Stretching more than 3,200 kilometres east to west (a larger distance than Paris to Moscow!), and scattered across 3.5 million square kilometres, the Republic of Kiribati is made up of 33 coral atolls and islands in the Pacific Ocean.
The Pacific Logistics Cluster first began working with Kiribati in 2017 as part of strengthening overall humanitarian logistics capacity and ensuring Pacific island countries are equipped with the tools they need to prepare for and respond to emergencies, in a region becoming increasingly vulnerable to natural disasters.
Following a Logistics Cluster training in January held in collaboration with the Kiribati National Disaster Management Office, the World Food Programme (WFP) – as global lead of the Logistics Cluster - is also finalising the country’s first Logistics Capacity Assessment (LCA).
The WFP team in Fiji sat down with Ian Ross on his way back from Kiribati to talk about disaster preparedness, distances and compiling an LCA in the small Pacific Island nation.
What was it like undertaking a LCA in Kiribati?
It was very rewarding. I had the feeling that people I chatted with hadn’t had too many logisticians coming in and asking what can sometimes seem like silly questions and so overall, people were responsive and receptive to the whole process. There was a real engagement and buy in for what we were trying to achieve.
Talk us through the challenges.
One of the biggest challenges was time and travel – nothing is quick! When you go to somewhere like Christmas Island you’re there for a week, regardless of how long you need to be there for - there’s only one flight in and out every seven days. Given the long distances, I also wasn’t able to visit all 21 inhabited islands covered in the LCA, and so because you’re relying on a range of different sources and contacts for information. Even the simplest fact can take a surprisingly lengthy time to verify and document.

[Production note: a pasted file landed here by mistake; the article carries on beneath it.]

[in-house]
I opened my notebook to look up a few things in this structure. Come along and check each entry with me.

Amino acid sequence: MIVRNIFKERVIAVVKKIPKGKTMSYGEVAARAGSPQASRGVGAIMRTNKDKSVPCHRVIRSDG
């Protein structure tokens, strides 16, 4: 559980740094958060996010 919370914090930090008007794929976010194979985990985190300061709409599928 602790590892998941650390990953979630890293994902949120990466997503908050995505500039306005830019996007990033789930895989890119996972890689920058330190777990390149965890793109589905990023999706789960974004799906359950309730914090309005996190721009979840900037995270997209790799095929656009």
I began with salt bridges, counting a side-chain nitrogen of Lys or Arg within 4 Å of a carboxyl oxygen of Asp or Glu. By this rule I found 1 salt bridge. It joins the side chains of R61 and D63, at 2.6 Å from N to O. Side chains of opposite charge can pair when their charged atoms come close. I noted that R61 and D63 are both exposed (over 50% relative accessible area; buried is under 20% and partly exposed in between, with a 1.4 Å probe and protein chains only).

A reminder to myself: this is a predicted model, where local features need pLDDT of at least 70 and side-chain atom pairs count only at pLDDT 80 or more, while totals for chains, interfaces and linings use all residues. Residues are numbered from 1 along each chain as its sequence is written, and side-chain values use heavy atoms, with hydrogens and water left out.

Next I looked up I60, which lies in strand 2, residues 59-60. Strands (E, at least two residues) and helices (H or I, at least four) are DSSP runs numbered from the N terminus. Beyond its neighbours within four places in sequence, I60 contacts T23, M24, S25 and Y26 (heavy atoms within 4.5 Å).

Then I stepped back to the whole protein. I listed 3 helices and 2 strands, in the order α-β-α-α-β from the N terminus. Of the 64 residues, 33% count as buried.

The other obvious challenge was language. The further the distance travelled into the outer islands, the less English is spoken and while everyone is very helpful and friendly, without the local language it can be a challenge to communicate what an LCA is, which can ultimately impact the type of information you’re receiving – if the community doesn’t understand why you’re there, you may not get the information you’re looking for.
How do you believe the LCA will help strengthen Kiribati’s preparedness and logistical capacities?
Humanitarian logistics is still quite a new concept in Kiribati, and so I think this has helped in creating a good starting point. Overall, I think it’s brought good awareness around what logistics information can be helpful for disaster response and planning, and has provided a good template on what questions should continue to be asked and answered moving forward.